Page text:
During the past 30 years, Iraq has arguably been the scene of more warfare than any nation on Earth and suffered the most deaths.
Why is that and who is to blame?
Well, you might start with the Prophet Mohammed, who neglected to leave behind a clear line of succession when he died, which has resulted in hundreds of years of conflict between so-called Sunnis and Shi'ites. Their differences are few but fierce, and in the Middle East today those differences are at the root of various bloodlettings.
Thousands of Iraqis have died in its wars since 1980; most of its cities, some among the oldest in the world, have been demolished and rebuilt and today seem on the verge of being destroyed again.
Culprits in addition to Mohammed include Lawrence of Arabia, the legendary military leader in World War I; Winston Churchill, who drew the new map of the area after that war; Saddam Hussein; and various American leaders who have sought unsuccessfully to solve Iraq's problems over the past 24 years.
For centuries the land now called Iraq was known as Mesopotamia. The Hanging Gardens of Babylon were there; Baghdad was where Scheherazade is believed to have recited the stories we know as The Arabian Nights to a sleepy Caliph.
The people who lived in Mesopotamia have never known much peace, but the last few years have been especially tough.
The U.S. spent billions of dollars and more than 4,000 lives in two wars to free Iraq from Hussein's dictatorship and to establish a basis for a stable government. The largest U.S. embassy in the world and the most expensive was built in Baghdad. U.S. troops were in Iraq for 11 years, and some still are. Lack of manpower is not a problem for the current government. Reportedly its troops outnumber the rebels - or whatever they are - by 8 to 1. If they want to hold their country they have the troops but not the will.
The government has asked for U.S. assistance in air power and fire power but the weapons the U.S. left behind are surely superior to those of the ragtag legions rolling through Iraq against the fleeing government troops who apparently have decided they've fought long enough, with little result.
Iraqi armies began fighting in in 1980 in a 10-year war with Iran over a disputed waterway; thousands died on both sides with some of the Iraqis victims of their own leader, Saddam Hussein.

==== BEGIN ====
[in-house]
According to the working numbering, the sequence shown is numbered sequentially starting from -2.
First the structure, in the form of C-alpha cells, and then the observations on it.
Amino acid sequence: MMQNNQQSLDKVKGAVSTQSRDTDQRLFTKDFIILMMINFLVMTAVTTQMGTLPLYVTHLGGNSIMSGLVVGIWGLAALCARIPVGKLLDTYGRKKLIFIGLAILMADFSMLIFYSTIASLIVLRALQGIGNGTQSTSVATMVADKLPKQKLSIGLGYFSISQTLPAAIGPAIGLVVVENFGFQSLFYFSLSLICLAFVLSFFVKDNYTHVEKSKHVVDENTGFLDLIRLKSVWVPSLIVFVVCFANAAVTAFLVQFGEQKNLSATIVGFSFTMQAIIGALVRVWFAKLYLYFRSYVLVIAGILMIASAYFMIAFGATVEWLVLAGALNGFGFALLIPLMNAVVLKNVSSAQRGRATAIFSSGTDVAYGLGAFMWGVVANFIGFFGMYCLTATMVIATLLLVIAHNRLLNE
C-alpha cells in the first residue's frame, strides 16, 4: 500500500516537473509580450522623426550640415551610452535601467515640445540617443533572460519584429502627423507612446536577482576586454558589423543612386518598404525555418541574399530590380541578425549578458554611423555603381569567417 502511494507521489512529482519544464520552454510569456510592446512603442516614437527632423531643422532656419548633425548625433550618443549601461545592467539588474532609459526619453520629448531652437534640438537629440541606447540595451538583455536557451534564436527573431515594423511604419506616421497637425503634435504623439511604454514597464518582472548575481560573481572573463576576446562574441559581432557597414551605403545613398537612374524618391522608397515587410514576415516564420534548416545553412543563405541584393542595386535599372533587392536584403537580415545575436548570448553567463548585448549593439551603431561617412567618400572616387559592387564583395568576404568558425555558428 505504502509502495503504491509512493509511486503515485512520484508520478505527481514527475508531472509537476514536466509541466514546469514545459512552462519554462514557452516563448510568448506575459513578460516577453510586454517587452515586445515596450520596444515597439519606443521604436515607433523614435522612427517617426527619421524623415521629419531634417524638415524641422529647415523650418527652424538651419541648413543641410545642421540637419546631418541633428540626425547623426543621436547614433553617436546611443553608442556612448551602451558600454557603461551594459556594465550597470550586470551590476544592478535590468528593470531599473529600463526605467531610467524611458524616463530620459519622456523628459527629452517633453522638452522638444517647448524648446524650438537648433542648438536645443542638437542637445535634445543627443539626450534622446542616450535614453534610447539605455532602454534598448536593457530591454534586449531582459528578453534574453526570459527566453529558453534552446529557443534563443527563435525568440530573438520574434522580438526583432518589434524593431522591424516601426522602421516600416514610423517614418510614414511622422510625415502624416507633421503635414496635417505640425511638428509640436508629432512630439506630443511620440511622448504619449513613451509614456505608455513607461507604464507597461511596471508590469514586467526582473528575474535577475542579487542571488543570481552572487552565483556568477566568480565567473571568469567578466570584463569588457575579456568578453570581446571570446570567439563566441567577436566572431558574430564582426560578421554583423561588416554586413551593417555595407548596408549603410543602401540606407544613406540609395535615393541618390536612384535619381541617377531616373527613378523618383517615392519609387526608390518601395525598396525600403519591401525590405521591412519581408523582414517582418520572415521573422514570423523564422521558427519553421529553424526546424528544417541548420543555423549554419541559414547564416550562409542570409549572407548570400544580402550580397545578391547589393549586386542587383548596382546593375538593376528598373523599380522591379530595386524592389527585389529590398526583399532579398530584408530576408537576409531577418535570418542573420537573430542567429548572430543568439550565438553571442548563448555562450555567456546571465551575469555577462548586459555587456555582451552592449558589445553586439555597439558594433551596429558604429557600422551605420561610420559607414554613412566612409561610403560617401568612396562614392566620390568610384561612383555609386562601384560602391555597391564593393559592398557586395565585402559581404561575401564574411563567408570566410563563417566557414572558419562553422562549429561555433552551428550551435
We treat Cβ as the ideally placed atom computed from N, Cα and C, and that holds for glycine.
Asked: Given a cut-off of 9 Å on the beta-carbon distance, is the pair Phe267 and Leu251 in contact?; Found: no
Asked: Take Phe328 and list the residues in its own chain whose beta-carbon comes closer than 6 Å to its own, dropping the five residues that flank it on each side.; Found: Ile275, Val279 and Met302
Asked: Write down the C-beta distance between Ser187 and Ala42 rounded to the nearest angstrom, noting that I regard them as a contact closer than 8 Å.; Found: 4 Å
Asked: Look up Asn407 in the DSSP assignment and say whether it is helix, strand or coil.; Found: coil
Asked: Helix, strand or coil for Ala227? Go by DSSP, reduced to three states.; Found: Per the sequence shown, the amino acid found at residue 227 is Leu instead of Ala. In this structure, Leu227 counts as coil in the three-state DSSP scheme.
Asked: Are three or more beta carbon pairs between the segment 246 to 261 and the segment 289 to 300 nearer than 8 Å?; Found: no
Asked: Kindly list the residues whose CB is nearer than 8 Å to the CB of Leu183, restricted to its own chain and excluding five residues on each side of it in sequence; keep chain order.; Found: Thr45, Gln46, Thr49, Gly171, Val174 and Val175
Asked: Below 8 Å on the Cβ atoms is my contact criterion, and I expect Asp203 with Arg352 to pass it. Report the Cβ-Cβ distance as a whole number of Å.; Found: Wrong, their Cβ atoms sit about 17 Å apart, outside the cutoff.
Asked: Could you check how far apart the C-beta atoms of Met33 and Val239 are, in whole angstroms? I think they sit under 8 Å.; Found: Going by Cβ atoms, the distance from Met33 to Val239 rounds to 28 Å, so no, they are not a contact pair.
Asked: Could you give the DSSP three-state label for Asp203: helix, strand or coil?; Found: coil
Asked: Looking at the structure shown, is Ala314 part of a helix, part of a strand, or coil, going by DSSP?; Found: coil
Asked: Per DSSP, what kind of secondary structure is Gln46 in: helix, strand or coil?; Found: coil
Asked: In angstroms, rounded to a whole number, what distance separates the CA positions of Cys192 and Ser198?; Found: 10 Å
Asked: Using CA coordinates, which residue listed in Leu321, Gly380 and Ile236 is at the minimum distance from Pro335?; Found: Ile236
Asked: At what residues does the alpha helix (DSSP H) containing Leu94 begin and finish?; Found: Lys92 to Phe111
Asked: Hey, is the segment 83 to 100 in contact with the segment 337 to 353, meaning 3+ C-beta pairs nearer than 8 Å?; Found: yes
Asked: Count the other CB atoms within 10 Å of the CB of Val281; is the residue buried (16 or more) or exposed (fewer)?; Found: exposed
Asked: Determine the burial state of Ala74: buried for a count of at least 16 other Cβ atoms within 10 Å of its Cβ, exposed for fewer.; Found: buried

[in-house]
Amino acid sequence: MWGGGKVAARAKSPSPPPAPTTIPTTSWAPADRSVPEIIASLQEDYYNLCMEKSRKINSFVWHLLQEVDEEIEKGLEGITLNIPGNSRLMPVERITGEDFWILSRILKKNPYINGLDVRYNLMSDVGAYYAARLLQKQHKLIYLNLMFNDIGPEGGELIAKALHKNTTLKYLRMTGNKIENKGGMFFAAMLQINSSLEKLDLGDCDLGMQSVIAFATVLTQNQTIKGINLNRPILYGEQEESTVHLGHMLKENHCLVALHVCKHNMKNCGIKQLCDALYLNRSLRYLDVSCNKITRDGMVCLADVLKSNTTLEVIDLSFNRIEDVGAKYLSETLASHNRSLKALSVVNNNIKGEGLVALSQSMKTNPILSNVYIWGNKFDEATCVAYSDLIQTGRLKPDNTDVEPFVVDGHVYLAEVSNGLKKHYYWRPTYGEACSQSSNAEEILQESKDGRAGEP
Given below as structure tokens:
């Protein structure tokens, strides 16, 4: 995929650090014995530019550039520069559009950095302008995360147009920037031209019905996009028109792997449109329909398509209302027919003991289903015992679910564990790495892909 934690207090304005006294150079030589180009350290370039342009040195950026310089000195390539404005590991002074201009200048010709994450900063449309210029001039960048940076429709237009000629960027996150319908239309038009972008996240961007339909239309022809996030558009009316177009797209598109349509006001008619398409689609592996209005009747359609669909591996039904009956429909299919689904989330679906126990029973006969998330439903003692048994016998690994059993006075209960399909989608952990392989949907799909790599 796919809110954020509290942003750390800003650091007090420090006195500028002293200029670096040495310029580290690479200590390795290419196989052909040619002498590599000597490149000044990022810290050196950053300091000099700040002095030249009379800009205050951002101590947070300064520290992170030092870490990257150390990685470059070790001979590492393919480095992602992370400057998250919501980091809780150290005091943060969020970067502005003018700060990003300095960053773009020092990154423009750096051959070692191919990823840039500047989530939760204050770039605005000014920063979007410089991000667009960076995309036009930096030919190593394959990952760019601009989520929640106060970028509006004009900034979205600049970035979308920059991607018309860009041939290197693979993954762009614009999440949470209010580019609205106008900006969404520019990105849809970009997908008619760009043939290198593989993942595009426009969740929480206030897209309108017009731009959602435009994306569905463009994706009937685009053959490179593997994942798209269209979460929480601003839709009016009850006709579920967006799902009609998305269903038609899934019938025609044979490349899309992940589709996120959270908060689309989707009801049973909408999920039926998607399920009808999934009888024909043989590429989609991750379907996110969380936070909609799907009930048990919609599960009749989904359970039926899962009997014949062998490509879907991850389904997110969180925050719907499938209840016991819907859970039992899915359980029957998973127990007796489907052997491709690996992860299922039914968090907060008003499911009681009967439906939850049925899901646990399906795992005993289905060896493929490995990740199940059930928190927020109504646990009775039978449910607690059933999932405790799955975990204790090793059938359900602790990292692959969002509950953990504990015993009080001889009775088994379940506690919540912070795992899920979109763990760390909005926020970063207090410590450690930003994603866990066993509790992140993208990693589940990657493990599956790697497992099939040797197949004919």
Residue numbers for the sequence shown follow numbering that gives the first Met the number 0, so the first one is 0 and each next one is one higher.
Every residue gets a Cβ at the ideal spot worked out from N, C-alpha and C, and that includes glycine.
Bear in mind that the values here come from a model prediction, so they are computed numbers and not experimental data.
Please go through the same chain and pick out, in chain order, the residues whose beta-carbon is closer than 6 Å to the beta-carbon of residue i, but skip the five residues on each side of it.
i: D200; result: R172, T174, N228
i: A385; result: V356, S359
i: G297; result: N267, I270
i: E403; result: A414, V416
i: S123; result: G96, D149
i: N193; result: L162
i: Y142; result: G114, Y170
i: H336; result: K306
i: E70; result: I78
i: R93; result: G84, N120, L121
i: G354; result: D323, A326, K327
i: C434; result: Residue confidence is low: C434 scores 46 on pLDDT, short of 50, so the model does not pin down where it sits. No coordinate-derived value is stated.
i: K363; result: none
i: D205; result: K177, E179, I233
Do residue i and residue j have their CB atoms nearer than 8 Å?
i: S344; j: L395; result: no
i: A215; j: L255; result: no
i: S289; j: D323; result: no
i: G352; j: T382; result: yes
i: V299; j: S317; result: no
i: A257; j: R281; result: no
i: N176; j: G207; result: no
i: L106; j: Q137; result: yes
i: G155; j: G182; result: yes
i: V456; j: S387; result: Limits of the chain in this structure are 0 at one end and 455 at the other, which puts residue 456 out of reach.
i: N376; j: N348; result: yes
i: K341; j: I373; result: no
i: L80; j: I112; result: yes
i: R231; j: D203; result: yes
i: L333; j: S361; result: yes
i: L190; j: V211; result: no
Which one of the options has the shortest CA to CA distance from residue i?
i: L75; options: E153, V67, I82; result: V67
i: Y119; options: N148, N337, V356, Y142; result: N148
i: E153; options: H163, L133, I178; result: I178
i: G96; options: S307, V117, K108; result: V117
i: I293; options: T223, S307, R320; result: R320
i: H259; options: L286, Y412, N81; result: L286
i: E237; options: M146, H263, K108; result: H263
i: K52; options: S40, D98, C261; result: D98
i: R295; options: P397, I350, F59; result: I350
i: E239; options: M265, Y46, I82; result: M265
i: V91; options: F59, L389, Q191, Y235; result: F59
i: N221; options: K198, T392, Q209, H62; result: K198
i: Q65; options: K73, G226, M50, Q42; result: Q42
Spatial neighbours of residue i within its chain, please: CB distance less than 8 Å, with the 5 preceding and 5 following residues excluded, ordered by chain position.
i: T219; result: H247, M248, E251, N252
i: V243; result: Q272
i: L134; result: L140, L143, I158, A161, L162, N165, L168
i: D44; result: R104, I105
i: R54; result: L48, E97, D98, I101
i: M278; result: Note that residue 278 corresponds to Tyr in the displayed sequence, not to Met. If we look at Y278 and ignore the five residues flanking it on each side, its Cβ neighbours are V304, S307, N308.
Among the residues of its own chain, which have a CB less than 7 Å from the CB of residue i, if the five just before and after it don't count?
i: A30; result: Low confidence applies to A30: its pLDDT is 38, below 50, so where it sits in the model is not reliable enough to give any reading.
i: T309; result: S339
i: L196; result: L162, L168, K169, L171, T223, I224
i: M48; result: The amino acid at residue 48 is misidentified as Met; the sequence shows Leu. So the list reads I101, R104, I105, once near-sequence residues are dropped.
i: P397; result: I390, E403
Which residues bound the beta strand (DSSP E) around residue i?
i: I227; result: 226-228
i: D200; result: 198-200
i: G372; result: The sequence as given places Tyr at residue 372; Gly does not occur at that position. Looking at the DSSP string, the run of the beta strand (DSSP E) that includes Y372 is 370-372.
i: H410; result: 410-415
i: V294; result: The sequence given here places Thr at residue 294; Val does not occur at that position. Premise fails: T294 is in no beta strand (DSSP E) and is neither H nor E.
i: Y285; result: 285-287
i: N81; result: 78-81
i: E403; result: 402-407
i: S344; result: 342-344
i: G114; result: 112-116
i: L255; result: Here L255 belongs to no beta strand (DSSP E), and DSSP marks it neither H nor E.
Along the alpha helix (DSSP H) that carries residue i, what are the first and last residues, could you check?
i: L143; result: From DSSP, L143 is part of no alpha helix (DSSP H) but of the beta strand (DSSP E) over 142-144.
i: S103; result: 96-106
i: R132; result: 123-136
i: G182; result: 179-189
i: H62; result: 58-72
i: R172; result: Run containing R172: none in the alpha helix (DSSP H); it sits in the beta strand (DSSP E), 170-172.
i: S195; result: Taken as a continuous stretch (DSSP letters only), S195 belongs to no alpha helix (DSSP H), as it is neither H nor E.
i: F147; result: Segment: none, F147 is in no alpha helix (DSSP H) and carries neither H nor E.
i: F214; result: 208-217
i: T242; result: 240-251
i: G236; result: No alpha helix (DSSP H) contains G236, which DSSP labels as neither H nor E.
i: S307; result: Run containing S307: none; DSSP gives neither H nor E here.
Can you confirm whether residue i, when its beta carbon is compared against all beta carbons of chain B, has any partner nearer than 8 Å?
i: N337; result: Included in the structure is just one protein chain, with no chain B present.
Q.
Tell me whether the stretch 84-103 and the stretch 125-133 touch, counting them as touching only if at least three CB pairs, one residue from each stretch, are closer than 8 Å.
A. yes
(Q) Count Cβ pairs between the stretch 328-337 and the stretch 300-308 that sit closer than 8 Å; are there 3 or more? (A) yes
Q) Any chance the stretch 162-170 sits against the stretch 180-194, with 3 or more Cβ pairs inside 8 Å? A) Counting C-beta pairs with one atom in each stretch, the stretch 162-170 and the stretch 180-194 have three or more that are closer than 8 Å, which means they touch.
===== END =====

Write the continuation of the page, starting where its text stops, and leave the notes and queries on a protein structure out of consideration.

When that war finally ended Saddam sent his troops into Kuwait, a lesser foe, but one soon joined by troops and planes from the U.S. and other Western nations who killed more Iraqis and destroyed their power supplies and a few museums but left Saddam in control.
Saddam was a slow learner, however, and years later the U.S. sent an even larger military force which quickly disposed of Iraq's army but in the process shredded its ability to operate the country.
That's a long, uncomfortable story for Americans, but suffice to say Saddam Hussein, a very evil man, ended with a noose around his neck and his statue in a pile of rubble.
Sadly, the Iraqi people still couldn't get their act together.
Today, it's not exactly clear who is fighting whom in Iraq. It may be that war has become a habit and most of the people are ready to accept whatever results as long as the killing stops.
Republicans, of course, are blaming President Obama for the whole thing because he "hasn't been tough enough." They have even suggested he bring back advisers from the two Bush administrations, a really scary idea.
The best solution is to let the people in the nations involved work it out. They've all suffered enough, including the families of the leaders who must make the decisions. The Shi'ites, Sunnis and Kurds have shown again that they don't like the map Churchill and his committee drew up for the land of Mesopotamia after World War I.
Several years ago, Vice President Joe Biden, then a senator, proposed a much-ridiculed plan to divide Iraq into three parts, giving the Kurds the northern part of the country; the Sunnis the area around Baghdad and the Shi'ites the rest. That might still be a solution - but let them work it out. Surely they are tired of fighting.
The U.S. should look on the turmoil in the Middle East as an opportunity to help negotiate a broader peace. The peoples of Iraq, Iran, Syria and the others would surely choose a peaceful solution rather than the chaos and turmoil they've suffered in recent years.
And as I've pointed out before, peace would reward U.S. consumers with lower gasoline prices, lower grocery prices and fewer refugee scenes on the nightly news.
Millard Grimes, editor of the Columbus Ledger from 1961-69 and founder of the Phenix Citizen. is author of "The Last Linotype: The Story of Georgia and Its Newspapers Since World War II."